Bagless models are handy because you don’t have to buy bags, but you need to empty the cartridge regularly and perform maintenance on them. “If the cup fills or the filters are not clean, you will not get good performance,” she says. “While people like the idea of seeing how much dirt they pick up, they’re kind of a maintenance issue.”
A bagged model, on the other hand, is “a much cleaner system because you don’t interact with dirt,” says Forte. She unequivocally recommends a bag model if you or a family member have allergies.
Is the vacuum sealed?
Believe it or not, not all vacuum cleaners are sealed at their different connection points. Dust can escape from crevices and openings around the body of the vacuum cleaner, whether it is a bag or a canister. The main thing, says Forte, is to keep this dust in a vacuum. “You don’t want it blowing on furniture and floors and in the air,” she says. “If you’re going to vacuum, you might as well do it right the first time.”
In Good Housekeeping tests, Miele vacuums are consistently ranked the best for picking up all dirt and debris and keeping them in a vacuum. “They keep the dirt inside the vacuum cleaner, where it belongs,” says Forte.
Does the vacuum cleaner have a HEPA filter?
Forte recommends purchasing a vacuum cleaner that uses a high efficiency air filter (HEPA), which most Miele models do. “HEPA filters trap the smallest, most microscopic particles,” says Forte. “It is the best filtration system you can have on a vacuum cleaner, and ensures that your home is as clean as possible.”
Do you have pets?
“Animal hair is the most stubborn thing,” says Forte. “He’s stuck on everything.” Many vacuum cleaners come with special accessories with rubber bristles that remove animal hair by breaking the bonds of static electricity that cause them to stick to upholstery and curtains.
One reason at a time Miele Dynamic U1 standing and Miele Classic C1 cat and dog tin both vacuums Good housekeeping seal is how well they remove animal hair.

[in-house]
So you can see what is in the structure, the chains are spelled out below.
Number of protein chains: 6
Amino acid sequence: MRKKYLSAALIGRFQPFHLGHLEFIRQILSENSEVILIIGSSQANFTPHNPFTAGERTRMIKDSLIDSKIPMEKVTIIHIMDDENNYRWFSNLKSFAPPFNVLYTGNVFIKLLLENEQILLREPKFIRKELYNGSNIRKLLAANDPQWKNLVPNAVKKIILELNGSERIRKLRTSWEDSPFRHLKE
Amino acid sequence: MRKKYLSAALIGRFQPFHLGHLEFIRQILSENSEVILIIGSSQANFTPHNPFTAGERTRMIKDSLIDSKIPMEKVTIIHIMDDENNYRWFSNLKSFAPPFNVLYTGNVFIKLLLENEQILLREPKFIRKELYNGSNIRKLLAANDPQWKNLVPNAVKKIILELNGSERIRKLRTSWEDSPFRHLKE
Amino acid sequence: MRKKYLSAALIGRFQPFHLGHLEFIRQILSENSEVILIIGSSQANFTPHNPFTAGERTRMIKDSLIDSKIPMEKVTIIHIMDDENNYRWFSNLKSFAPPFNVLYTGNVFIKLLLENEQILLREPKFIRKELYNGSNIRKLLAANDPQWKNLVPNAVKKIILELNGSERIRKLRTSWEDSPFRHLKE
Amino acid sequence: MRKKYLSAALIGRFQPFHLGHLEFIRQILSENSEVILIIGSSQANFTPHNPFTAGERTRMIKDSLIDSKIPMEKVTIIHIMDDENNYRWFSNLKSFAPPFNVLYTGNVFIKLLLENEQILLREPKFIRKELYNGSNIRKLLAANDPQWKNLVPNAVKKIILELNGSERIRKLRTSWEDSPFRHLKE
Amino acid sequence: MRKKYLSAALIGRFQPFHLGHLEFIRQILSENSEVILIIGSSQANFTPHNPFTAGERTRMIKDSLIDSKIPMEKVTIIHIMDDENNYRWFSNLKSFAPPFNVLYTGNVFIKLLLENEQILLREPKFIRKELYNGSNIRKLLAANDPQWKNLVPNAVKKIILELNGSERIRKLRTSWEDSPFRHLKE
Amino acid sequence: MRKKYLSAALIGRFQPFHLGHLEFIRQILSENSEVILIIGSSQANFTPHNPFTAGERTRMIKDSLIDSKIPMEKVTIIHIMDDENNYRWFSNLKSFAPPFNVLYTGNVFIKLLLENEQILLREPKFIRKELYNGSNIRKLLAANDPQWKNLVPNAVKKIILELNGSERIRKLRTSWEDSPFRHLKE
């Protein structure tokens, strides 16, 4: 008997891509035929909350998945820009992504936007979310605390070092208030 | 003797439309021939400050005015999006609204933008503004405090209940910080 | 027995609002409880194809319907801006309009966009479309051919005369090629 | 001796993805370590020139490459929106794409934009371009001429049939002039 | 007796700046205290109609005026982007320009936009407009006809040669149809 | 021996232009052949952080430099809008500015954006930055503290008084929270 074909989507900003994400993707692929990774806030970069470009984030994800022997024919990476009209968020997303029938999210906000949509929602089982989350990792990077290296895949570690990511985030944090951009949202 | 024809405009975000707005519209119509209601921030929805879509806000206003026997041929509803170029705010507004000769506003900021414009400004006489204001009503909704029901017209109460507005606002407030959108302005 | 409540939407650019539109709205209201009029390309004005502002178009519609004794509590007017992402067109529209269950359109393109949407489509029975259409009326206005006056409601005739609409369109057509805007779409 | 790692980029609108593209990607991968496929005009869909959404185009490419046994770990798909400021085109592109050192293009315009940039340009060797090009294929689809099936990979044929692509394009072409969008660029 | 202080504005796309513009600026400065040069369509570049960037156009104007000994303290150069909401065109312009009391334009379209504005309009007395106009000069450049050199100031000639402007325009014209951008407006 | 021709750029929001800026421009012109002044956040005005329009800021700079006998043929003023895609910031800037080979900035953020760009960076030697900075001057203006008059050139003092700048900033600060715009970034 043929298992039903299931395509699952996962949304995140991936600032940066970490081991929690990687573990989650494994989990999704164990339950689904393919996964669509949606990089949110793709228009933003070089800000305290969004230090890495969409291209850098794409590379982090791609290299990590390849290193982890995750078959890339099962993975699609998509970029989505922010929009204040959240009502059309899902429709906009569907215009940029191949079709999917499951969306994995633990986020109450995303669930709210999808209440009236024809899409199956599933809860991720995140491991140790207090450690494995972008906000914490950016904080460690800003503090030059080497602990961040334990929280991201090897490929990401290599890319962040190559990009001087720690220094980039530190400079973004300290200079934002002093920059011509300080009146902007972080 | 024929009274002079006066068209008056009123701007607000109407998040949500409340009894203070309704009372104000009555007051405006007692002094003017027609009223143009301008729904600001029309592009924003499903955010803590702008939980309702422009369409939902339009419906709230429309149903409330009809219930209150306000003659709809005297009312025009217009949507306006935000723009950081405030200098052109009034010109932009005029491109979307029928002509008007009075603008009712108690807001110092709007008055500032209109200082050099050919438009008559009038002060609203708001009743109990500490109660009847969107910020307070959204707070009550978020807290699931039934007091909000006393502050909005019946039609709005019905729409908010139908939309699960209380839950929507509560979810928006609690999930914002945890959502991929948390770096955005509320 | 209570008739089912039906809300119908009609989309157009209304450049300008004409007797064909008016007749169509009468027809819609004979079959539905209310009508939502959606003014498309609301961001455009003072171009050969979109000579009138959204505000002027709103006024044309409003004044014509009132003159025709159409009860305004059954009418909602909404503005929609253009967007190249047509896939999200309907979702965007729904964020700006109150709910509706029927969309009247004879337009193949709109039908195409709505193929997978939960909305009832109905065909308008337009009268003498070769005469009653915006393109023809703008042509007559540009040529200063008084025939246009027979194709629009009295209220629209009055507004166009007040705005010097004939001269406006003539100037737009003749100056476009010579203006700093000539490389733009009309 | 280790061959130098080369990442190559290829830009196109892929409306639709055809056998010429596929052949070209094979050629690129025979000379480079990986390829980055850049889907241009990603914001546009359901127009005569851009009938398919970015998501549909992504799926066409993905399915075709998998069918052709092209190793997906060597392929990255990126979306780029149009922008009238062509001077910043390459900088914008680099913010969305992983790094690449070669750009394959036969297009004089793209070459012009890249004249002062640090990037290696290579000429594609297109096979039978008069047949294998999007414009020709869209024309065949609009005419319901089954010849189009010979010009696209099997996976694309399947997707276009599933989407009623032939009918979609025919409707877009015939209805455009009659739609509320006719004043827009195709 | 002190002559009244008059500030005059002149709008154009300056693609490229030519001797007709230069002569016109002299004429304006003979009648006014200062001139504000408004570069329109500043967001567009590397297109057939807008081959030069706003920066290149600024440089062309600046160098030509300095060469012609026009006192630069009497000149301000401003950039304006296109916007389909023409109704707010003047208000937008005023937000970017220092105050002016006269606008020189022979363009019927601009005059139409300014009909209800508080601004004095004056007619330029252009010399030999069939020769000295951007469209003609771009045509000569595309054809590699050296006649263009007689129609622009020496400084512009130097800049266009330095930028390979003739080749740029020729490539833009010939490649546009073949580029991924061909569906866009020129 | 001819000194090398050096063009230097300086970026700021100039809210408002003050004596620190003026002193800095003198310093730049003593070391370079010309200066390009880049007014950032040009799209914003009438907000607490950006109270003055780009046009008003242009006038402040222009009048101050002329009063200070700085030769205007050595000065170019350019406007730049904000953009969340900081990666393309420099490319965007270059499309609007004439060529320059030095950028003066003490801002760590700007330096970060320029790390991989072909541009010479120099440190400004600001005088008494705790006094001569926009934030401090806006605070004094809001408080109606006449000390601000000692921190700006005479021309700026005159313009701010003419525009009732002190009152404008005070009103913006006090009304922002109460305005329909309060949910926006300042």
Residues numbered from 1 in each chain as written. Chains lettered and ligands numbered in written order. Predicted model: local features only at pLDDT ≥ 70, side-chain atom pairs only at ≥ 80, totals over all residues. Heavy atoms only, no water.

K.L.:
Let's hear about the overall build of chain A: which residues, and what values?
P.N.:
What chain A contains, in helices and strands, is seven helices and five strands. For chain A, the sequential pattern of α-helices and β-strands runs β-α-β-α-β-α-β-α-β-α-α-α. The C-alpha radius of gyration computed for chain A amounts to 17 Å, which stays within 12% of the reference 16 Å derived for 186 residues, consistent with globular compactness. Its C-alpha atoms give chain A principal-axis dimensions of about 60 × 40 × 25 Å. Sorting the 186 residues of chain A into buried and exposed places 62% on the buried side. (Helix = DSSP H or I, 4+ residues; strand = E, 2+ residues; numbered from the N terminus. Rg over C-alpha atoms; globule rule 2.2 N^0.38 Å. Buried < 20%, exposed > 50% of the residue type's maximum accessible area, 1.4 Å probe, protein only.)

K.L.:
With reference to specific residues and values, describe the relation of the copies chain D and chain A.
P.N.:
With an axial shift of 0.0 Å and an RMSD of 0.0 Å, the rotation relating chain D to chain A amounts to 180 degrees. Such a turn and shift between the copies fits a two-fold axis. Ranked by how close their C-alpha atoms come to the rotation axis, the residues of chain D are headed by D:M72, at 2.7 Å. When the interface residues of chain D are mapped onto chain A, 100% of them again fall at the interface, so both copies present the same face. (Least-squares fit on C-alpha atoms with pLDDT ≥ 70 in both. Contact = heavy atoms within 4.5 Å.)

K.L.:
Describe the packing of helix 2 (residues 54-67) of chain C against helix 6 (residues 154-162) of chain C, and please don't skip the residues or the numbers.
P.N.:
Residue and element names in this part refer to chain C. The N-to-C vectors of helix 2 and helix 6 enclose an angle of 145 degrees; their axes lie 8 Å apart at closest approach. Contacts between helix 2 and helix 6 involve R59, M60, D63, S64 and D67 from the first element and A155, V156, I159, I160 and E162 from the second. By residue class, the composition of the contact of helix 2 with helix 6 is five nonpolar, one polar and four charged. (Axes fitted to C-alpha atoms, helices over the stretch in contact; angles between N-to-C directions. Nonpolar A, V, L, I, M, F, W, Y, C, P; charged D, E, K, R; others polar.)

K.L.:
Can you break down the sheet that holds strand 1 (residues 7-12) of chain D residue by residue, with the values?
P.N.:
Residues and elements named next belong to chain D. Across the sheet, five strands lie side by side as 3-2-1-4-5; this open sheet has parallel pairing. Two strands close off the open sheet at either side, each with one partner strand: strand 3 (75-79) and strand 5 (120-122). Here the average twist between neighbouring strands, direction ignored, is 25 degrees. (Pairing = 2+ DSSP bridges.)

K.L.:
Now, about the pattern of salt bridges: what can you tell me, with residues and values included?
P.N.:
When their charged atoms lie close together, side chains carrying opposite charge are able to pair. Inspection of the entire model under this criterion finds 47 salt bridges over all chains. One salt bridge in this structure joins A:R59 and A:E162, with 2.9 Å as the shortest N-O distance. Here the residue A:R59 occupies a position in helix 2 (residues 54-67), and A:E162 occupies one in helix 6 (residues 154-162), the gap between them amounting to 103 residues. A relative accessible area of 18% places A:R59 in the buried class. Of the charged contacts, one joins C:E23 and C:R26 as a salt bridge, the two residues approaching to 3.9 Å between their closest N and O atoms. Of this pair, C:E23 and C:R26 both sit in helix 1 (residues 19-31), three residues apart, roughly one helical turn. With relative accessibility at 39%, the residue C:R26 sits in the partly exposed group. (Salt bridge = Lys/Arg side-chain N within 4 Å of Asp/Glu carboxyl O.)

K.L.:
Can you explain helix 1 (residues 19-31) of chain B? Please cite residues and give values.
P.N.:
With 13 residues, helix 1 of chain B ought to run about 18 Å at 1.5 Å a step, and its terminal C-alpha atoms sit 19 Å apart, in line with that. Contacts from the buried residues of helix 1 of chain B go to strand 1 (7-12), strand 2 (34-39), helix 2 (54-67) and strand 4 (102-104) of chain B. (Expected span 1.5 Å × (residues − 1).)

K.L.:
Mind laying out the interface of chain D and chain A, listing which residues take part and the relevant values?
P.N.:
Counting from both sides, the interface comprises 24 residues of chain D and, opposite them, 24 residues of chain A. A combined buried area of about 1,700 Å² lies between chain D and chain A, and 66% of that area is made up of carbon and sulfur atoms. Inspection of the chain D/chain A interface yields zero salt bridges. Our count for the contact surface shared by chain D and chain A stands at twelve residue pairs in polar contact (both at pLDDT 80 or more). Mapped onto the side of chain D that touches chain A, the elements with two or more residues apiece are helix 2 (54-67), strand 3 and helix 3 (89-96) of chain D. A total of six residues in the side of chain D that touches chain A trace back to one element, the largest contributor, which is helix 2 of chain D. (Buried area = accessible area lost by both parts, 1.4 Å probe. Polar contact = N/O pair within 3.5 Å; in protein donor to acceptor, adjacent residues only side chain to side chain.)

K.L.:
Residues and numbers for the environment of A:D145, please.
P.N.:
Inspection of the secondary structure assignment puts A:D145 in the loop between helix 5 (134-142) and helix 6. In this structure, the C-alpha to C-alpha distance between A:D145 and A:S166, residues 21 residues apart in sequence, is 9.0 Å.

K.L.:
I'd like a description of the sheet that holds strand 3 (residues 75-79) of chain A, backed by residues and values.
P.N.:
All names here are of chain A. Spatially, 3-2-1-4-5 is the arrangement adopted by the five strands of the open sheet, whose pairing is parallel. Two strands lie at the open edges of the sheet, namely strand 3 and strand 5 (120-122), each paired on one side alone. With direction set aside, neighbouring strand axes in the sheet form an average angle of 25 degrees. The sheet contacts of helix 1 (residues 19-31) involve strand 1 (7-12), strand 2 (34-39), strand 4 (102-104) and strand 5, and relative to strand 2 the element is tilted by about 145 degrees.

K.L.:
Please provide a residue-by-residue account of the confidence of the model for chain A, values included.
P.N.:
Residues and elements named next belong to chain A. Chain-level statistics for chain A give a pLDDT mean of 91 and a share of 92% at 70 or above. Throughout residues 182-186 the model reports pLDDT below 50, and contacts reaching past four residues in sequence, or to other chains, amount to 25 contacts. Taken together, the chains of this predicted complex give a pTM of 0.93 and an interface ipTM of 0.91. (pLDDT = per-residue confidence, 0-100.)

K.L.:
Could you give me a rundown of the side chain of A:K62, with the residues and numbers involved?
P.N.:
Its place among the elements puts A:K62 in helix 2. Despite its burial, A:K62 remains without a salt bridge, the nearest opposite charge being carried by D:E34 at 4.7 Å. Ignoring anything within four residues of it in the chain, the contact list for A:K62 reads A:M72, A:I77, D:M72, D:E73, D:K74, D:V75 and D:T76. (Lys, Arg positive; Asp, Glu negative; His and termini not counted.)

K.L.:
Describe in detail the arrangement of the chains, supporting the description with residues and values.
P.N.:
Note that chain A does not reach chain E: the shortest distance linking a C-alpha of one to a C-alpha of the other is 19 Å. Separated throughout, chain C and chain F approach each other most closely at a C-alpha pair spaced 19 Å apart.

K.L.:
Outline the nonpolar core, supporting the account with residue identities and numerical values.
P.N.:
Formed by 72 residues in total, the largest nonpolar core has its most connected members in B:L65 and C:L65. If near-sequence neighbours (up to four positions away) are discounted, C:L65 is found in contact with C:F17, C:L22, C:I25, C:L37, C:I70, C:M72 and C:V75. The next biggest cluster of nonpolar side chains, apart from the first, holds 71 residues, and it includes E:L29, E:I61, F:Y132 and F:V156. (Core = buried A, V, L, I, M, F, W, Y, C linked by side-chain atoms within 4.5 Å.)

How much maintenance does the model require?
Each vacuum cleaner requires basic maintenance. As mentioned above, bagless models usually require a little more tinkering than bagged models, since you need to clean the cup in addition to emptying it, while you can just throw a bag in the trash.
“If you don’t empty the cup after each use or if you clean the filter or change the bag, you will compromise the suction,” says Forte. “This is how the air flows, and things are picked up.” You also want to make sure the brush roller is clean and hairless; if it is tangled and clogged, it will not work.
Refer to the manufacturer’s instructions on how often the filter should be cleaned or changed; for HEPA filters, it is usually every six months to a year.
How much are you willing to pay?
If you plan to buy a vacuum cleaner for your entire home, Forte recommends buying the most expensive vacuum you can afford. With cheaper models, after a few years, the plastic can break, the parts do not fit well and the dust springs up. “In vacuums, you get what you pay for,” she says.
This content is created and maintained by a third party, and imported to this page to help users provide their email addresses. You may be able to find more information about this and similar content on piano.io
This comments section is created and maintained by a third party and imported to this page. You may be able to find more information on their website.